Semiconductor quantum dots (QDs) have recently been used to deliver and monitor biomolecules, such as drugs and proteins. However, QDs alone have a low efficiency of transport across the plasma membrane. In order to increase the efficiency, we used synthetic nona-arginine (SR9), a cell-penetrating peptide, to facilitate uptake. We found that SR9 increased the cellular uptake of QDs in a noncovalent binding manner between QDs and SR9. Further, we investigated mechanisms of QD/SR9 cellular internalization. Low temperature and metabolic inhibitors markedly inhibited the uptake of QD/SR9, indicating that internalization is an energy-dependent process. Results from both the pathway inhibitors and the RNA interference (RNAi) technique suggest that cellular uptake of QD/SR9 is predominantly a lipid raft-dependent process mediated by macropinocytosis. However, involvement of clathrin and caveolin-1 proteins in transducing QD/SR9 across the membrane cannot be completely ruled out.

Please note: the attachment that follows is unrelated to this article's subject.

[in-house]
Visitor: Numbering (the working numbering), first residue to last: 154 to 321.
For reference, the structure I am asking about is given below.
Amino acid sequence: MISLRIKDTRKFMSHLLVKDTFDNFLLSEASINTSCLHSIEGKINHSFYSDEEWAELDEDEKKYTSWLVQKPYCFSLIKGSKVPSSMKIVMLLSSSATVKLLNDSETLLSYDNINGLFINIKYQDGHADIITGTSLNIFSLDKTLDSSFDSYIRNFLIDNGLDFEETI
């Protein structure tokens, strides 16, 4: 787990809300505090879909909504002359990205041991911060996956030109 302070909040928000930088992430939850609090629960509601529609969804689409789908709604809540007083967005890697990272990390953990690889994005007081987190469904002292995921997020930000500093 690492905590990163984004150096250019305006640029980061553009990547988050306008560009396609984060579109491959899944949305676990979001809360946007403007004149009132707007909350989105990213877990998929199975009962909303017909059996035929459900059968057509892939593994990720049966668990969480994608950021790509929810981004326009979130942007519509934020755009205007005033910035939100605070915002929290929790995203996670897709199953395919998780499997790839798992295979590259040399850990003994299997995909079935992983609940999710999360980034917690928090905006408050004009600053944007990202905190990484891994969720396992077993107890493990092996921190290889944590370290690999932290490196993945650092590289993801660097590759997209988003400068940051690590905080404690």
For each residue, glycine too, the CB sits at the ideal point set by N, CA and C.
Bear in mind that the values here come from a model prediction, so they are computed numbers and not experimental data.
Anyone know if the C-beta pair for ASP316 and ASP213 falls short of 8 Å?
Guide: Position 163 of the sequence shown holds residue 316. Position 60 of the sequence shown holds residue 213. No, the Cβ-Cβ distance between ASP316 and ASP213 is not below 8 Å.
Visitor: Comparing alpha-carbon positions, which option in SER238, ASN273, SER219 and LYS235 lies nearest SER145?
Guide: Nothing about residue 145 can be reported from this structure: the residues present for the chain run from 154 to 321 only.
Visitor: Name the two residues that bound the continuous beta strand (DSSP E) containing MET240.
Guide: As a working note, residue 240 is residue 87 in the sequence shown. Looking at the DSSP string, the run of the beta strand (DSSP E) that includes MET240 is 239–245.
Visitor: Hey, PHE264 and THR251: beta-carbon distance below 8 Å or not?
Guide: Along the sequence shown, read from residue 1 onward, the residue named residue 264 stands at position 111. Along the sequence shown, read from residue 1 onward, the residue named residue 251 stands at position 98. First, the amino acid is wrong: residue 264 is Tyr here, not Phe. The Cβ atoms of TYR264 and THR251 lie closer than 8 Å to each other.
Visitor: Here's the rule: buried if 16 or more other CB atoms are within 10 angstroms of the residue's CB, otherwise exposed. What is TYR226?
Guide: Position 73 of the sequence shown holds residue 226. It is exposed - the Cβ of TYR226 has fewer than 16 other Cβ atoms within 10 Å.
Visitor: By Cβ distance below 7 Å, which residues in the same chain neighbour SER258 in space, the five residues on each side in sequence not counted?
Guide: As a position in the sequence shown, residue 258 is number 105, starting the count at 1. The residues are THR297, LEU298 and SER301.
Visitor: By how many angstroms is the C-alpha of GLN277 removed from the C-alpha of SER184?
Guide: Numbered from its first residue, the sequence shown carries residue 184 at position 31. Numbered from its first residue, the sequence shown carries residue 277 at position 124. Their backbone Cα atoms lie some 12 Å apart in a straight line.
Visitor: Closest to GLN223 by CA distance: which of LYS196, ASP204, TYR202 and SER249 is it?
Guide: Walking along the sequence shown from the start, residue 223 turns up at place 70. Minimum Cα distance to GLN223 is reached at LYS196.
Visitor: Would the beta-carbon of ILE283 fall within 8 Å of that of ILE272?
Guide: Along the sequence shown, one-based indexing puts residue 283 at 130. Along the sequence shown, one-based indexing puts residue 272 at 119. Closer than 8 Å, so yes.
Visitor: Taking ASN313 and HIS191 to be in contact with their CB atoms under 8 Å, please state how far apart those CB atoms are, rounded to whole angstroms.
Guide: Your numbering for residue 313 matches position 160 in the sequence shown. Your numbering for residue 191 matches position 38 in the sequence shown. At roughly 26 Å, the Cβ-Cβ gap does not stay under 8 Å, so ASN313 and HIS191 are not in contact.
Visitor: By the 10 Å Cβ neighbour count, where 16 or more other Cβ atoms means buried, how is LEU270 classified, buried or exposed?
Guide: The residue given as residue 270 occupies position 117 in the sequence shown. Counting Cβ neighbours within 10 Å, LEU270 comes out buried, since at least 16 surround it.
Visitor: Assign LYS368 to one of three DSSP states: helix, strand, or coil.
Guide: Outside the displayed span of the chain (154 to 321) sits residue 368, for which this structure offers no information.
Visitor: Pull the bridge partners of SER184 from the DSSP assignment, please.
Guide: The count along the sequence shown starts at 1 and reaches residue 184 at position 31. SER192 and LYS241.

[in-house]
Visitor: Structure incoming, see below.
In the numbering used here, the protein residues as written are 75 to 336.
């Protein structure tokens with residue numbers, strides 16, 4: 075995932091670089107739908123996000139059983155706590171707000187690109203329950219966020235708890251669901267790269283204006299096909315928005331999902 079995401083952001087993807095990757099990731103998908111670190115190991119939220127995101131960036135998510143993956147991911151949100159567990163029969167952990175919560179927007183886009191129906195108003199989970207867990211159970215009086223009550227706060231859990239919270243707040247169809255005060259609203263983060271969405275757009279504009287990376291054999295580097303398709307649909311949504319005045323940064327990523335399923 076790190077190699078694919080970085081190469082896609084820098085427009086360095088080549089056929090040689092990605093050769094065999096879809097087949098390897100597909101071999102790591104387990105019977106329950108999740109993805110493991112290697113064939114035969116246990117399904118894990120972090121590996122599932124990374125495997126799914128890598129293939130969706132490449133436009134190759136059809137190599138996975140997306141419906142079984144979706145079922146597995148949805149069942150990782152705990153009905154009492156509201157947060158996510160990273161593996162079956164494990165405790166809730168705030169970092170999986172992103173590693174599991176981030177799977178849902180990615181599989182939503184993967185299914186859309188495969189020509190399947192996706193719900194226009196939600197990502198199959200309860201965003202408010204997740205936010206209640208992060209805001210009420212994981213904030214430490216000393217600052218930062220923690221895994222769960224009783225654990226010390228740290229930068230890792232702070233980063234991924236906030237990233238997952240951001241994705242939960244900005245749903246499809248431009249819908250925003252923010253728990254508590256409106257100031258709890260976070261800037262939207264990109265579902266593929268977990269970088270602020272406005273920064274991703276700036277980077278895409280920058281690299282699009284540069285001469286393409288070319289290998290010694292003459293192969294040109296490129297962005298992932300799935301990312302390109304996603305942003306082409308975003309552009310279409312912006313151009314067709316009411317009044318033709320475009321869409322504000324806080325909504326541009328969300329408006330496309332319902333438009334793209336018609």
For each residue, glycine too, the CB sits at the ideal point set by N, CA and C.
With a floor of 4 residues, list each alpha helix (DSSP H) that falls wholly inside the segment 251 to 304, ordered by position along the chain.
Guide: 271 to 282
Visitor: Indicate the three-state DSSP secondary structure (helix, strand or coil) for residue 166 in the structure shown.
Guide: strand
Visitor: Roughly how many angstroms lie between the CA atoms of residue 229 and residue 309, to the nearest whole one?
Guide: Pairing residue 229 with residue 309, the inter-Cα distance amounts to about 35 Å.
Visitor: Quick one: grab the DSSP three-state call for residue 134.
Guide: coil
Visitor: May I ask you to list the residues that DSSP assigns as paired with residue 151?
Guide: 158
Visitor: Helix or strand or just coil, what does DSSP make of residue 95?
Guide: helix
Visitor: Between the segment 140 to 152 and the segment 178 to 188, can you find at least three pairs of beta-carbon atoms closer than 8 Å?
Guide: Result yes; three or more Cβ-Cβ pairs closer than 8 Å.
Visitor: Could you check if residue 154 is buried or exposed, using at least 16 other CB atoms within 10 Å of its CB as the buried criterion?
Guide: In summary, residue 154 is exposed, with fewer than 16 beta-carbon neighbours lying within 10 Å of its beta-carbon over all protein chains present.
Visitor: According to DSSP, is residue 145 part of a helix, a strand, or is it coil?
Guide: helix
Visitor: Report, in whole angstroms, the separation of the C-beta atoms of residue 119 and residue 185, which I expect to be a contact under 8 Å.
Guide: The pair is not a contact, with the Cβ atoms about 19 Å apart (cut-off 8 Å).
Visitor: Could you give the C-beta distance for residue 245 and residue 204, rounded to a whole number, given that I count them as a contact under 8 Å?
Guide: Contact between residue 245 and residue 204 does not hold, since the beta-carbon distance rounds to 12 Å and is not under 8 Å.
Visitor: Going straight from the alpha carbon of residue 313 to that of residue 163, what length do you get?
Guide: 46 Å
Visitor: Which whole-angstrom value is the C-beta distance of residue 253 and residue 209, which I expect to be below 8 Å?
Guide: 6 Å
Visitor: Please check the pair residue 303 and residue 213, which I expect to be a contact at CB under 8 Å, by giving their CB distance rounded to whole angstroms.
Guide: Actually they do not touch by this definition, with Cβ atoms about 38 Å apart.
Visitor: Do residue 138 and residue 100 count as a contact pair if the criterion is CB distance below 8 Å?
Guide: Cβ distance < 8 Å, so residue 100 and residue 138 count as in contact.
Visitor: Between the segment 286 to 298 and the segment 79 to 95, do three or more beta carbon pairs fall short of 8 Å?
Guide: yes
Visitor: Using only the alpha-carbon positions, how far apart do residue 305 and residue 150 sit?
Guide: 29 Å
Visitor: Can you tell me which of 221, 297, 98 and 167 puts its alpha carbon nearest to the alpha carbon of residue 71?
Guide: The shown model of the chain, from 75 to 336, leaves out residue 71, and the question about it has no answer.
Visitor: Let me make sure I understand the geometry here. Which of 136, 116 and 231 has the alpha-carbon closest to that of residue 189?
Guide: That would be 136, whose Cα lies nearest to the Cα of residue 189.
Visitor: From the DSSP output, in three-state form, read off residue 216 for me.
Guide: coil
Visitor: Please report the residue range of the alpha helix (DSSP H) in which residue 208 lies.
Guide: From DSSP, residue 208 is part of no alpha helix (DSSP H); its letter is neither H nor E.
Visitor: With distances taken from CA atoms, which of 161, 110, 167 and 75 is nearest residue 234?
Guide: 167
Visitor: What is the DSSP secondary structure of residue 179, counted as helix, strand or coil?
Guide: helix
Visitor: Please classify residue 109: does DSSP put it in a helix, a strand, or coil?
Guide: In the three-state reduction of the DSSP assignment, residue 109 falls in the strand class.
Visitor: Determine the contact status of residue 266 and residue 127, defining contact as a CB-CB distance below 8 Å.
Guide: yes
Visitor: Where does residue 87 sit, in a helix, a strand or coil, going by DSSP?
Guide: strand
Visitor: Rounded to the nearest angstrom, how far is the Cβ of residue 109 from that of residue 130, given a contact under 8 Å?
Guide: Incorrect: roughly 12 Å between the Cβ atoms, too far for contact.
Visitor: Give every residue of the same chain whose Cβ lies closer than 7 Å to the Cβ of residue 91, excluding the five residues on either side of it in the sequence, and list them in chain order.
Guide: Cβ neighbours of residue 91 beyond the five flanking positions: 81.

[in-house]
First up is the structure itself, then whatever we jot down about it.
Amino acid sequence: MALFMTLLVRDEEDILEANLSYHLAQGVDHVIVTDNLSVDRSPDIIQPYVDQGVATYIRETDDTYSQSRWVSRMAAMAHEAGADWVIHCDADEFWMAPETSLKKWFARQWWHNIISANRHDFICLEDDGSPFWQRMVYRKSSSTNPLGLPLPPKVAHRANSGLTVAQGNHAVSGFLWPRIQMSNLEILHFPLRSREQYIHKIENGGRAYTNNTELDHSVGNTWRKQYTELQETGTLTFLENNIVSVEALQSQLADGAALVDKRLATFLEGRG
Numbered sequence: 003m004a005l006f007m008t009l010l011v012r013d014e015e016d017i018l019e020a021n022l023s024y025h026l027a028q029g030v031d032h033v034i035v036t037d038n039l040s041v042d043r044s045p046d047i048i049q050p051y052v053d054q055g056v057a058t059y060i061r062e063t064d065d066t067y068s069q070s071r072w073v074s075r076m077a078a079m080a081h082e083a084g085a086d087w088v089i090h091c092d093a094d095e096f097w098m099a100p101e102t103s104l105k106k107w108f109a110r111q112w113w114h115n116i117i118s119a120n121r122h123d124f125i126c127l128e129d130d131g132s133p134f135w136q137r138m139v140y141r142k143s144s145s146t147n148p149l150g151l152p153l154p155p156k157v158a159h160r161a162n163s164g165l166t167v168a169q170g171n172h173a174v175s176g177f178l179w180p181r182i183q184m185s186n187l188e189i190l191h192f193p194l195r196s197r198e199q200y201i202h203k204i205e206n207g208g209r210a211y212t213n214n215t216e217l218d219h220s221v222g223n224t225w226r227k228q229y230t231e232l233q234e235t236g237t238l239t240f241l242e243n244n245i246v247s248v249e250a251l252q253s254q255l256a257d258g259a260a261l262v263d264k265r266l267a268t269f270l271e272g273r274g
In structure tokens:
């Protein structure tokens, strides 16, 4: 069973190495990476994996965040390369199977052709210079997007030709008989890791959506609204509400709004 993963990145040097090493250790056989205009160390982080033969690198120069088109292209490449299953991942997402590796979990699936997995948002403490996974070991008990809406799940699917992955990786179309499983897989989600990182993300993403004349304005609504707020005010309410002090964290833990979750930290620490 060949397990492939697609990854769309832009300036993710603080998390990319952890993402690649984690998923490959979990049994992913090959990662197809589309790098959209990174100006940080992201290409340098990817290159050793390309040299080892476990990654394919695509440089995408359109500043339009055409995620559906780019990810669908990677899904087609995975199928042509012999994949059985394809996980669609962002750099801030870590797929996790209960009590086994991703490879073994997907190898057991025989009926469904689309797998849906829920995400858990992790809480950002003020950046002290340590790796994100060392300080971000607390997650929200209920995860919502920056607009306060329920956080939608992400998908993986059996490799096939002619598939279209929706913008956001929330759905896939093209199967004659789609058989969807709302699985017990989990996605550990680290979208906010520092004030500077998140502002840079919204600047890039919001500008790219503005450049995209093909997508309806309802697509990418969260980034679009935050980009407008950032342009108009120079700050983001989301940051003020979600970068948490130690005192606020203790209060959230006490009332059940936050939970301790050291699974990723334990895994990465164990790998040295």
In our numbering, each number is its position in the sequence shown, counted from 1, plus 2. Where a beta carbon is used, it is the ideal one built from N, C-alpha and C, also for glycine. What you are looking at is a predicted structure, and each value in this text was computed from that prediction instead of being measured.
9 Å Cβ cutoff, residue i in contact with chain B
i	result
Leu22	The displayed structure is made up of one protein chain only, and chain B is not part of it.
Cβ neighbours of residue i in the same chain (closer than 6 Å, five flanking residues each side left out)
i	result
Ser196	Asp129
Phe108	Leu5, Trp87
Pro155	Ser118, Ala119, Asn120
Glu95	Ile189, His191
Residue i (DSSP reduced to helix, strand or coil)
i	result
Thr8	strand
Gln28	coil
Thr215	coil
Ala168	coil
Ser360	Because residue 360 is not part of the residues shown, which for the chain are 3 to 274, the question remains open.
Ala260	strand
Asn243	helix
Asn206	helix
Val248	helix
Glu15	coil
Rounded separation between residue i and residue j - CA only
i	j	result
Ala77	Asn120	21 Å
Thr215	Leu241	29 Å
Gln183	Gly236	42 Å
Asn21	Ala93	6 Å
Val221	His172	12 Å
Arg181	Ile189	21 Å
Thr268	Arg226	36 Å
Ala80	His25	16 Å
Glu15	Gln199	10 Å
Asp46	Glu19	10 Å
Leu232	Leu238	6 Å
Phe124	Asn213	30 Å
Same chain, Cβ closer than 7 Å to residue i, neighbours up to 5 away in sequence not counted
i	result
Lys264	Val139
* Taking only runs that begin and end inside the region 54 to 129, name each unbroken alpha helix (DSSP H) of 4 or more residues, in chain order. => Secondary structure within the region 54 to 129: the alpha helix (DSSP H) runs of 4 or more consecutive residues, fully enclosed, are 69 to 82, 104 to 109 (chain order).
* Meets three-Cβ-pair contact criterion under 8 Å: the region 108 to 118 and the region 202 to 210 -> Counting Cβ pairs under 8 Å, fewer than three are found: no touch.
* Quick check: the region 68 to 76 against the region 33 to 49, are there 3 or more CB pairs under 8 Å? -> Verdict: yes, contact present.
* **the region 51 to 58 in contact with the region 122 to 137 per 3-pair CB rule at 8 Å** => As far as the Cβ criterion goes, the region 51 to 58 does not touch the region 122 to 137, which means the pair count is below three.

Biological Sciences

Second Department


Keywords and Phrases

Arginine Derivative; Caveolin 1; Cell Penetrating Peptide; Clathrin; Nona Arginine; Quantum Dot; Unclassified Drug; Cadmium Derivative; Cadmium Selenide; Nonaarginine; Selenium Derivative; Small Interfering RNA; Sulfide; Zinc Derivative; Zinc Sulfide; Cell Membrane; Cell Metabolism; Controlled Study; Energy; Human; Human Cell; Inhibition Kinetics; Internalization; Lipid Raft; Low Temperature; RNA Interference; Signal Transduction; Drug Antagonism; Fluorescence Microscopy; Genetics; Metabolism; Methodology; Pinocytosis; Transport At the Cellular Level; Tumor Cell Line; Western Blotting; Biological Transport; Blotting, Western; Cadmium Compounds; Caveolins; Cell Line, Tumor; Clathrin Heavy Chains; Drug Delivery Systems; Humans; Microscopy, Fluorescence; Oligopeptides; RNA, Small Interfering; Selenium Compounds; Sulfides; Zinc Compounds

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Article - Journal

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Final Version

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© 2010 The Authors, All rights reserved.

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Publication Date

01 Sep 2010

PubMed ID